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I've got a 7D with the LP-E6 battery that came with it, but would like to get some spares (along with a battery grip)

With my previous camera (450D) I used generic batteries (and generic grip) and had no issues with charge/usage, but apparently the LP-E6 batteries have a proprietary Canon chip in them, which means that there may be problems charging or using (in terms of battery metering) in a 5D or 7D body.

What are the specific problems? And are there any 3rd party batteries that have the Canon chip or a reverse-engineered chip to avoid these problems?

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up vote 6 down vote accepted

I haven't yet found any third party batteries that has a chip in them.

As you say, using a battery without the chip doesn't provide the camera with power level metering. Not knowing exacly how much power there is left is of course a bit inconvenient, but that can also cause other problems. The camera uses the power level information to shut down safely when the level gets critically low, and without that information the camera might run out of power in the middle of an I/O operation. If you are shooting pictures the risk for that is not very high, but if you are shooting video when the power runs out that is quite likely to corrupt the video file. It may also corrupt the disk system data, which will make all the files on the card unreadable.

The third party batteries I have seen comes with a special charger, as they can't be charged with the original charger. That means that you have to bring two chargers if you have both types of batteries.

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Valid points about the I/O, I think I might give some generics a try since I really don't shoot video that much... and my experience with computers makes me think general write operations won't corrupt the filesystem, so I'll just take that risk ;) – drfrogsplat Nov 22 '10 at 2:51
There are several 3rd party batteries with a decoded chip to allow camera communication (and charging with the OEM charger). I picked up two generic 2100mAh batteries with decoded chips for 19 bucks each. They have about the same run time as the standard 1800mAh canon battery in my 60D but cost 60% less and they show battery charge information and charge in the canon charger without issue. I think you'll find that there may be issues with 3rd party batteries but not often enough to worry about. – Ron Warholic Nov 22 '10 at 22:06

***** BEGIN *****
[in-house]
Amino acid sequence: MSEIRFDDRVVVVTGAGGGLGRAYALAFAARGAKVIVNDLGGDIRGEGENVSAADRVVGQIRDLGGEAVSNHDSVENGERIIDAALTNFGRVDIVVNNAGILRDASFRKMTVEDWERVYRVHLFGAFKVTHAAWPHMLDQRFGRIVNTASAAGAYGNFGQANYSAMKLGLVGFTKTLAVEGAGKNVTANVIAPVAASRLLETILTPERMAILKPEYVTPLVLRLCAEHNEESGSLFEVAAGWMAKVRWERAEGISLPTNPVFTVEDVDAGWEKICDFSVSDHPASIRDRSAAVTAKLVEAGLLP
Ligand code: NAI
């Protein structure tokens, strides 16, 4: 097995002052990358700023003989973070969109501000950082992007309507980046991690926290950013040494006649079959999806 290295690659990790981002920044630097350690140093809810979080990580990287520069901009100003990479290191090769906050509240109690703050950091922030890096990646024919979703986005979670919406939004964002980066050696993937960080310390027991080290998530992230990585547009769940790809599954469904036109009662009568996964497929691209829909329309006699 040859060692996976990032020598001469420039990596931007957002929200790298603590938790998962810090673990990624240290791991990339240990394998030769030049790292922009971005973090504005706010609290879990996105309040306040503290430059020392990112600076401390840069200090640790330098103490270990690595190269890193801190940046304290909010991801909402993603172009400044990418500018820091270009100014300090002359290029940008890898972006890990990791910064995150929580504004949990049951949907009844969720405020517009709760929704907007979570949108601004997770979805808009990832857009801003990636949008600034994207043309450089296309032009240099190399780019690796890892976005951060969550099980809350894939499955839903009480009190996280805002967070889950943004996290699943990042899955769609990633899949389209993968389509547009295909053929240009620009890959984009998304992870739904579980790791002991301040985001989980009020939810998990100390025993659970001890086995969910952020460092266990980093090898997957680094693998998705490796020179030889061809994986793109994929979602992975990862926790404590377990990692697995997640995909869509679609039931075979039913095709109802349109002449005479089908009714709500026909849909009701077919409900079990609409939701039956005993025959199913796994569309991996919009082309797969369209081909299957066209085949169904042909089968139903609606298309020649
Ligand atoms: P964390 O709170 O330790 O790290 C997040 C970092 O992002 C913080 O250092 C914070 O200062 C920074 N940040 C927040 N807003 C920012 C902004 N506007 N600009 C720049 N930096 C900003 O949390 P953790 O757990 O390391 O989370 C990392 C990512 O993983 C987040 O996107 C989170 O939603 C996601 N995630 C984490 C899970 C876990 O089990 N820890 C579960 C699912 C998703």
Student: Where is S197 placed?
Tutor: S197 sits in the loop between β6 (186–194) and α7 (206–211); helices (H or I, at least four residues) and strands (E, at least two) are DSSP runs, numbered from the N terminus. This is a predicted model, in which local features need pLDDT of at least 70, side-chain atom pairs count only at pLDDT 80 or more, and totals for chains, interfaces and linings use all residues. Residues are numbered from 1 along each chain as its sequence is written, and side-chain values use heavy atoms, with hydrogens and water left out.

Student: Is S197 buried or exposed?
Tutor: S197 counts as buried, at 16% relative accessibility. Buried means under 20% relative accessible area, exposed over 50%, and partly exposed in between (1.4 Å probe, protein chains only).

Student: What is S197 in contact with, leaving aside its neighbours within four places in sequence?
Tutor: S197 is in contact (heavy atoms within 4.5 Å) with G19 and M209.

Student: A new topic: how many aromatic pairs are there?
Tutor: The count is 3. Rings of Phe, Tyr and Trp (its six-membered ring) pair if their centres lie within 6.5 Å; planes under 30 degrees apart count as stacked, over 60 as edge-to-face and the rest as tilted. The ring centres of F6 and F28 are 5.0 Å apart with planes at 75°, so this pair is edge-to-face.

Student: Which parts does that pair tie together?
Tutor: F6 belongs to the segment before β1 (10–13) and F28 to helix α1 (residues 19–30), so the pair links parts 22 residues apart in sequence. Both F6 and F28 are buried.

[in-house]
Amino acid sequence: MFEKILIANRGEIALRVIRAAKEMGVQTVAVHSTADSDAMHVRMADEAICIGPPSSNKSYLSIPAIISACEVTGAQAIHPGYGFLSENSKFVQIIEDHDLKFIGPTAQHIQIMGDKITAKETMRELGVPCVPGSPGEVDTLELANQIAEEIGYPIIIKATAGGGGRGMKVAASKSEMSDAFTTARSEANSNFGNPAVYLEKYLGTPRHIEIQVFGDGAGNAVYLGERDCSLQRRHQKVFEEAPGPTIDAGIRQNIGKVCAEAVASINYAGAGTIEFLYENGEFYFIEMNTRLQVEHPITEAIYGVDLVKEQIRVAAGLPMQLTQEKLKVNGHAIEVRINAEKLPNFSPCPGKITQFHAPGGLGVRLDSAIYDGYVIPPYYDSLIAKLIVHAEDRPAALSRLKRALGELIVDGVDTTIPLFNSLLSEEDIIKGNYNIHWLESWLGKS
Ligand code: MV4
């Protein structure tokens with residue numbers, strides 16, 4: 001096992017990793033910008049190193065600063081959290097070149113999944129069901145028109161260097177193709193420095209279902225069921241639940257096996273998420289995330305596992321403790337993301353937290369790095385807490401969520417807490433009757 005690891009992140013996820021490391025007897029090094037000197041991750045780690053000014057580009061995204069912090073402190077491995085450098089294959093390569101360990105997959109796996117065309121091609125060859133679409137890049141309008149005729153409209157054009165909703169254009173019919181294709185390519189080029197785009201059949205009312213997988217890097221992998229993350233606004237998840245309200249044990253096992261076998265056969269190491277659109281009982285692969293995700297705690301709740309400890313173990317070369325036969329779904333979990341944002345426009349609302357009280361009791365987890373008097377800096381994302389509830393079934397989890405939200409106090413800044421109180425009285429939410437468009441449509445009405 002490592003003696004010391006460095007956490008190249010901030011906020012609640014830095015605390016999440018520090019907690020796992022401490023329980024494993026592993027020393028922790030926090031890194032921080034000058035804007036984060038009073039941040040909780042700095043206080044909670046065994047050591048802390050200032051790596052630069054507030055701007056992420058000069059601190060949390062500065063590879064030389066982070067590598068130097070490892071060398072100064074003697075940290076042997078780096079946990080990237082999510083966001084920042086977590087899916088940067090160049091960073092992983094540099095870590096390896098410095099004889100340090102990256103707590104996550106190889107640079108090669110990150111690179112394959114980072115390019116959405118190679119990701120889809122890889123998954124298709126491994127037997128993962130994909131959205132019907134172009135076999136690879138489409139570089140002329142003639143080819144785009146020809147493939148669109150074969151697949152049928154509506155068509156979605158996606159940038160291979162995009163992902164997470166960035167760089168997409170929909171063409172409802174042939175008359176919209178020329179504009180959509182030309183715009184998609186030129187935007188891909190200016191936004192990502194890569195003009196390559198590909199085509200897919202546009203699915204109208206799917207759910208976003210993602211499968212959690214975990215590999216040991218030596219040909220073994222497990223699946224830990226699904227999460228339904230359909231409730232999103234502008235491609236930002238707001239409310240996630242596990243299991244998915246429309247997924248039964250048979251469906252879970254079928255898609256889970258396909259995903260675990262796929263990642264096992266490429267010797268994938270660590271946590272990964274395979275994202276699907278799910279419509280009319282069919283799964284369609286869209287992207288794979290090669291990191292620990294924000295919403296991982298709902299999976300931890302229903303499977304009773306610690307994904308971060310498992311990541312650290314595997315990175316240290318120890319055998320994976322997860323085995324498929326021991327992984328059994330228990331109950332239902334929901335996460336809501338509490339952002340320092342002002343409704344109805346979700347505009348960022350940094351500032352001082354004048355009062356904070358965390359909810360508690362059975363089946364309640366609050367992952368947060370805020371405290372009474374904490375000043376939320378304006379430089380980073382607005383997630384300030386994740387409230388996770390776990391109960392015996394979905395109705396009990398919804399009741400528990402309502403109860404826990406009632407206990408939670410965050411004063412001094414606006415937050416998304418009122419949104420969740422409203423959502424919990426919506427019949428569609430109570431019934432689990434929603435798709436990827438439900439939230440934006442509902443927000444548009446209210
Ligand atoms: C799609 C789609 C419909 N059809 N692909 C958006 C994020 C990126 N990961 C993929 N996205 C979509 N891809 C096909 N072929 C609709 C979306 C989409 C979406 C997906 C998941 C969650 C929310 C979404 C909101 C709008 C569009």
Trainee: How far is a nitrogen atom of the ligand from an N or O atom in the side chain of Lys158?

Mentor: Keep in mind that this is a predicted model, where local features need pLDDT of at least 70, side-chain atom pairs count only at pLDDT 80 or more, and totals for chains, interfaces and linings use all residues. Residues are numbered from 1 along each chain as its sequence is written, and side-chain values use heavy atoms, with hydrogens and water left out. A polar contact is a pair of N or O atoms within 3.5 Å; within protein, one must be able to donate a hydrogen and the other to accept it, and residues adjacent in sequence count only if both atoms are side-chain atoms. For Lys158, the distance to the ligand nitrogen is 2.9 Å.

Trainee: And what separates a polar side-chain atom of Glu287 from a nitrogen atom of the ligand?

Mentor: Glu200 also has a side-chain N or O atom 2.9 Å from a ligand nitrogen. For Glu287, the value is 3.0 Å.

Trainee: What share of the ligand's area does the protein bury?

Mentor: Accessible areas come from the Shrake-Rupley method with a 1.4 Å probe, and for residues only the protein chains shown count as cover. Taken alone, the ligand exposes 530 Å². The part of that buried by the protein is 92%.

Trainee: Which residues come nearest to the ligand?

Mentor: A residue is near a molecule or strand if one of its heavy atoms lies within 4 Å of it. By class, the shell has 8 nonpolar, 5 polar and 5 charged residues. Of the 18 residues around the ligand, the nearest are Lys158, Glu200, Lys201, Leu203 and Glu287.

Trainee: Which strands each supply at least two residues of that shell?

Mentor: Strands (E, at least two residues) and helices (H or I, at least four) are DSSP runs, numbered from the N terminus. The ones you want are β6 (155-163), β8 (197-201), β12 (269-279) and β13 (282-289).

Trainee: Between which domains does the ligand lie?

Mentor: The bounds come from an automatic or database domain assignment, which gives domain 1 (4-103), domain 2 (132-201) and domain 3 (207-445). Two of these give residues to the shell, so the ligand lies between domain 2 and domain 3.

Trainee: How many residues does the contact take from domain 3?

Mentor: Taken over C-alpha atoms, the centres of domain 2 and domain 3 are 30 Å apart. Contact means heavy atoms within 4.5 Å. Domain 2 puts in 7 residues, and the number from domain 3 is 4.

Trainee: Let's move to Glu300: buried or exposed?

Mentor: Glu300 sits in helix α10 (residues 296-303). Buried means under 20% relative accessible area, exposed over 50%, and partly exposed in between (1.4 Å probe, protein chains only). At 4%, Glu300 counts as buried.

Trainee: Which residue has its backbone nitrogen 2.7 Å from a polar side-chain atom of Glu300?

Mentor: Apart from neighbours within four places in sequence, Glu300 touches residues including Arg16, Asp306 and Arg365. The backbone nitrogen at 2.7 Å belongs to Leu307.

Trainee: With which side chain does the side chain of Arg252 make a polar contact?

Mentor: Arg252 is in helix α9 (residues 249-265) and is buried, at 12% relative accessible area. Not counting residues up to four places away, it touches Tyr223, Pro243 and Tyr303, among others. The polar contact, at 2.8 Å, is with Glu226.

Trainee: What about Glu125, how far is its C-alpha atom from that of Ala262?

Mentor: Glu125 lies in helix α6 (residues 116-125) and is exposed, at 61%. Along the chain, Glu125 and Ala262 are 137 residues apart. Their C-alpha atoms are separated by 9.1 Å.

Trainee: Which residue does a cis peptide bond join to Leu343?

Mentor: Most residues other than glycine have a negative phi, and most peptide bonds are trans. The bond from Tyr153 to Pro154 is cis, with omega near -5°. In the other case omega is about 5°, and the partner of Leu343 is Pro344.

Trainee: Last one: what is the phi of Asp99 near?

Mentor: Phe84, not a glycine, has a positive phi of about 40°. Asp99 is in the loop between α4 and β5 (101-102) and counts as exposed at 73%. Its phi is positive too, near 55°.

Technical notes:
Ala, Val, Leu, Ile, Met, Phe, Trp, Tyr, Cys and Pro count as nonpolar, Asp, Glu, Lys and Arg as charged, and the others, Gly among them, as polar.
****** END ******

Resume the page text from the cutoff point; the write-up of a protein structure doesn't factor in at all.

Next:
I use high quality generic LP-E6 batteries as well as my genuine Canon ones. They function the same: They charge on the same charger, the camera reads the serial # in the battery, and displays the charge level, number of shots, recharge performance, and remembers the date and charge state the last time each battery was used in the camera. The brand I use are still about 1/4 to 1/3 the cost of Canon OEM. – Michael Clark May 31 '13 at 18:45

7D: $1600.

Canon battery: $60.

3rd-party battery: $40.

Difference as percentage of camera price: 1%

I've seen several different investigations of generic batteries, and while many of them are quite good, the actual capacity varies wildly. In some cases, when you factor that in, you're actually getting more for your money for the brand-name batteries. It's an unfortunate situation and it's too bad there's not better standardization (and honest labeling), but I think it's best to just consider a few extra batteries to be an extra couple percent on top of the purchase price and, basically, just suck it up.

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I've seen $7 batteries on eBay for the 7D. I've bought and used $5 eBay batteries on my 450D (3 different batteries) and had no problems with them. They seemed to perform as well as my Canon battery, except that the Canon one stopped recharging after about 18 months. – drfrogsplat Nov 21 '10 at 1:19
I picked the $40 from B&H. But I think the basic point still stands. – mattdm Nov 21 '10 at 2:52
For $40 generics, I'd agree, but I don't think either point still stands for $7 batteries: If I buy 2 batteries, I save a little over $100, which is now about 8% of my 7D cost. And from my experience, the batteries which cost about 10% of the Canon price are at least 80% of the capacity. – drfrogsplat Nov 22 '10 at 2:48

The Maxtek batteries when purchased directly through them on amazon are guaranteed to work. I bought two on 12Dec2013 and they work just fine and charge fine in the canon charger. They suggest buying directly from them right now to ensure you get the latest with the chip Canon will recognize as they can't be sure Amazon or other retailers have gotten rid of older stock that are not compatible.

Prior to the more recent firmware updates I didn't have any problem with another generic brand working but now it can't communicate with the body.

A recent major photography blog had an article about this issue and they had contacted Maxtek and their advice was as written above (buy from them to ensure latest with chip).

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